New Developments, Small Business Innovation And More: Prince George's County In 2022
The Prince George’s County Economic Development Corp. spent 2022 reaching out to companies looking to expand or relocate to improve the government sector, retail, restaurants, healthcare, life sciences development, small businesses and other key sectors of this growing Maryland area. This growth has allowed the county to not only expand the local economy and businesses, but have a positive impact on underserved communities.
“PGCEDC wants to keep this momentum going into 2023,” PGCEDC CEO David Iannucci said. “We’re dedicated to bringing more programs to the county to help create more economic opportunities across the board.”
These programs are just a few examples of PGCEDC’s continued service to the D.C. Metro area and its commitment to helping local businesses thrive, he said. With 2022 coming to a close, here are some of the highlights of PGCEDC’s work in 2022.
Commercial Development Highlights
PGCEDC worked with Velocity Cos., a local firm that focuses on urban development and commercial properties, to redevelop the 11-acre Livingston Shopping Square Center in Fort Washington.
"The EDC provided a $2M conditional EDIF," said Larry Hentz, executive director of business development for PGCEDC. "The total CapEx is $26M to fully build out the project."
The shopping center will add an additional 35K SF of retail space in 2023 for tenants such as Taco Bell, KFC, McDonald’s and Urgent Care, bringing more than 90 new, full-time jobs to the area.
PGCEDC also worked with Aldi grocery stores to get permits for two new locations in the county. The Capitol Heights location opened in early 2022 while the Fort Washington store has a tentative opening planned for Q1 2023.
The capital expenditure was $12M for both projects, which will create 32 full-time jobs for locals, Hentz said.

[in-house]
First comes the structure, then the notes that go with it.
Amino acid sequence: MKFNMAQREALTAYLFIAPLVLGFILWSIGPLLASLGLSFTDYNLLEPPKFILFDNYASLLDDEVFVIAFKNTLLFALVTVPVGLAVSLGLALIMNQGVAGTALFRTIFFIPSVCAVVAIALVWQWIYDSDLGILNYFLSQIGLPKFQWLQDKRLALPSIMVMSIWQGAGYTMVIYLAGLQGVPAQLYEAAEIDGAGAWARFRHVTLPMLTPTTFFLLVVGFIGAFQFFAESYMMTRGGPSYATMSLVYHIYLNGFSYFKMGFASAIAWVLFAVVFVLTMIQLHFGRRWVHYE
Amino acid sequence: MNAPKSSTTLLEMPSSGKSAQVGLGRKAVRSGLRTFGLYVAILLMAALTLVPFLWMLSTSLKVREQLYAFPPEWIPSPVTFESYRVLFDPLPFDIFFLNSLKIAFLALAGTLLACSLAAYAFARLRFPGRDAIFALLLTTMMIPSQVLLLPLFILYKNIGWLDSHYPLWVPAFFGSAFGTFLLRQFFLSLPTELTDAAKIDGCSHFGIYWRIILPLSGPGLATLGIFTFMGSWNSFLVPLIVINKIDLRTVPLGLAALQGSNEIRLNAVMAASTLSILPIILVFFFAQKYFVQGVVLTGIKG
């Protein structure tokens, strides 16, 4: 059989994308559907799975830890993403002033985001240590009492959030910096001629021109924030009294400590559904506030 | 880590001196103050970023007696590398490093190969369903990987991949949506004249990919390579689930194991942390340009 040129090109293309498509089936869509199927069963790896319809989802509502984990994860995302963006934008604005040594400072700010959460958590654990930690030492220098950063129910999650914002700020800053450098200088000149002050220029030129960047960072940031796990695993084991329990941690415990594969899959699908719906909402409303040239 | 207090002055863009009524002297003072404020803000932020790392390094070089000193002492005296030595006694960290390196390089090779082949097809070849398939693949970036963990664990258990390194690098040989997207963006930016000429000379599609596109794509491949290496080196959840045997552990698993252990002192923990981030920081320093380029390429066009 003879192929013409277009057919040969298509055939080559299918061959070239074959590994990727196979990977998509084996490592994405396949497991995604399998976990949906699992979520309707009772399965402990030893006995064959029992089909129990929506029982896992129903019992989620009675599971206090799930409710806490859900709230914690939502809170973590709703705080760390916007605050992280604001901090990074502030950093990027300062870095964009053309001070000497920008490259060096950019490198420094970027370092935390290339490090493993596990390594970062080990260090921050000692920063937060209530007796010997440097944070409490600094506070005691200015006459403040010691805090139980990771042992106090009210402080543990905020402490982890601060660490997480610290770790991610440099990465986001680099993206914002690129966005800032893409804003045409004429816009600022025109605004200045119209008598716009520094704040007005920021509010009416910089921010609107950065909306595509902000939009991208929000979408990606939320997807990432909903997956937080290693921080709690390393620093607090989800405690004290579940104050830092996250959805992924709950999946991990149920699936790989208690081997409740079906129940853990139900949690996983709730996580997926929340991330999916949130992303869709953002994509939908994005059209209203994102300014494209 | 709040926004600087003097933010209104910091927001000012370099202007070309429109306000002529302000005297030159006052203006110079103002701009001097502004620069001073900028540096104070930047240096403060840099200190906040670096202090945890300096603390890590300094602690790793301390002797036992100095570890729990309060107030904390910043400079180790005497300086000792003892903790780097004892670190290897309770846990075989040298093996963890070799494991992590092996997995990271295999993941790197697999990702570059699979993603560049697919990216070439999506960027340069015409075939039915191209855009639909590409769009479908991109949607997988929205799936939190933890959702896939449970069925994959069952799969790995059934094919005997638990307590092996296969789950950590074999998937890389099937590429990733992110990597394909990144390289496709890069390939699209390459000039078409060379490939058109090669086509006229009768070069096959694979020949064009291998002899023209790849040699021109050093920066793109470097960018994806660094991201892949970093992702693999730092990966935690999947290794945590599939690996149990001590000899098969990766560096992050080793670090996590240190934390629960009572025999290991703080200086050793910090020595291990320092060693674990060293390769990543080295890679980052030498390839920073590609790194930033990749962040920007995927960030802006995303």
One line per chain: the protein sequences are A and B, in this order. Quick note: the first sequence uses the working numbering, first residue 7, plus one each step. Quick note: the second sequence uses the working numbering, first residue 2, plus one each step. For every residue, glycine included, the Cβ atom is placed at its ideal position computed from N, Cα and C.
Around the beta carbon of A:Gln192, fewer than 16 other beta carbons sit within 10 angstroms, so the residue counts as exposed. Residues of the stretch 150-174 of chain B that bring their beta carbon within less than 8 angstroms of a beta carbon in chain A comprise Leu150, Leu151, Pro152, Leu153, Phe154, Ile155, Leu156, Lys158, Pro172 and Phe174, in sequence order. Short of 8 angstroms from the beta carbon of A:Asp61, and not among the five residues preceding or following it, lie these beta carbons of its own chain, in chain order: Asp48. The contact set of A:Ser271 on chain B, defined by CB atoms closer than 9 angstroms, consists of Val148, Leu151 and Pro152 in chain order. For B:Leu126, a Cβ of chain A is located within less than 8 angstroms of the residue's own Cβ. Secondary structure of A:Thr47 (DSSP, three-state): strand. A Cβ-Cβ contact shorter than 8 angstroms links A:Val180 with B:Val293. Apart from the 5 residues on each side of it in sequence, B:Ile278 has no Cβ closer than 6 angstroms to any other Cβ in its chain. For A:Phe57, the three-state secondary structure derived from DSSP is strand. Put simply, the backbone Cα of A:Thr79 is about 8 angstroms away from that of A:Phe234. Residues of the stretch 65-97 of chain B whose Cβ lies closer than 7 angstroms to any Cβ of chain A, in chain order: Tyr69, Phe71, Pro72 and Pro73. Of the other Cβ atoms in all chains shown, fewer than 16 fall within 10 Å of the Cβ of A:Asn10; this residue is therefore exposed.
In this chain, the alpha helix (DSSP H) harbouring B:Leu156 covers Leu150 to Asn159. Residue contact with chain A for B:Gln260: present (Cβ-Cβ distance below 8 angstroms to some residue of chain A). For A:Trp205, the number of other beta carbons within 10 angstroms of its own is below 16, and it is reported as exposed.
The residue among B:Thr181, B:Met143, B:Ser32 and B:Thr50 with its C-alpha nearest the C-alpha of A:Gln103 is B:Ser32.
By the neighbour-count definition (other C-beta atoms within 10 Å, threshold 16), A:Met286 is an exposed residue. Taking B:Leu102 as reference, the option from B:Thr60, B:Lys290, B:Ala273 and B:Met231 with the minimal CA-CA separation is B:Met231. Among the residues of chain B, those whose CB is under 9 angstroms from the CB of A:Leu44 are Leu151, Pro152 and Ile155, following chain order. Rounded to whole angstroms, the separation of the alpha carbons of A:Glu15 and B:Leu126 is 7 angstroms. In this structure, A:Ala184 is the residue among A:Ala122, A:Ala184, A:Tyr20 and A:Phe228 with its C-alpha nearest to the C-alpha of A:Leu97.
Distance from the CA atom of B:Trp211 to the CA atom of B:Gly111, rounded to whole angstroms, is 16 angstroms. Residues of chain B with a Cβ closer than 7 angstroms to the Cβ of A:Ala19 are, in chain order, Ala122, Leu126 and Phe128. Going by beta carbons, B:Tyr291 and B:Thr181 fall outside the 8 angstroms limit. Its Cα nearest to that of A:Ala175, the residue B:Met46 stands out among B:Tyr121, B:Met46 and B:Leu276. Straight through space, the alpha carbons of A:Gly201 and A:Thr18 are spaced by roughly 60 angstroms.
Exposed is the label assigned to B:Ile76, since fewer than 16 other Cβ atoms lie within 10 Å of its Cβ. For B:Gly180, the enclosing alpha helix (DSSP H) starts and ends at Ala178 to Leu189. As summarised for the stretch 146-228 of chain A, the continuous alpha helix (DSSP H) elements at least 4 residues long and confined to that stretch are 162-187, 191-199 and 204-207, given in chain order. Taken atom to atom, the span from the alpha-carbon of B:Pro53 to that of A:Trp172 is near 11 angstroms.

Government Sector Highlights
In March, Vidoori, a federal government contractor in the IT industry sector, relocated from Montgomery County to an office at a transit-oriented development by the New Carrollton Metro Station and the site of a future Purple Line light rail train commuter station. David K. Lewis, PGCEDC’s director of business development in the government sector, said that the EDC helped draw the consulting firm to the area and assisted it with its move.
The EDC also worked with Genesis Engineering Solutions, an aerospace engineering company headquartered in Lanham, to help it acquire a second, nearly 44K SF facility in Lanham where it will manufacture hardware products for space missions at NASA and Blue Origin.
Restaurant And Retail Highlights
Shoppers Food Warehouse expanded in September and October, leasing two grocery store spaces in Coral Hills and MLK Boulevard in Prince George’s County. This is a move that’s not only beneficial for the company, but also for the community, said Nicole Hall, PGCEDC business development manager of retail and restaurants.
“The stores help fill a void in these communities by allowing access to quality, fresh food and services,” Hall said.
The locations span 35K SF and will create more than 60 jobs each to further bolster the community.
Another new addition to the area is Huncho House, which opened in November through the vision of former NFL player-turned-chef Tobias Dorzon. The restaurant brings a fusion of West African and Italian cuisine to his hometown of Hyattsville.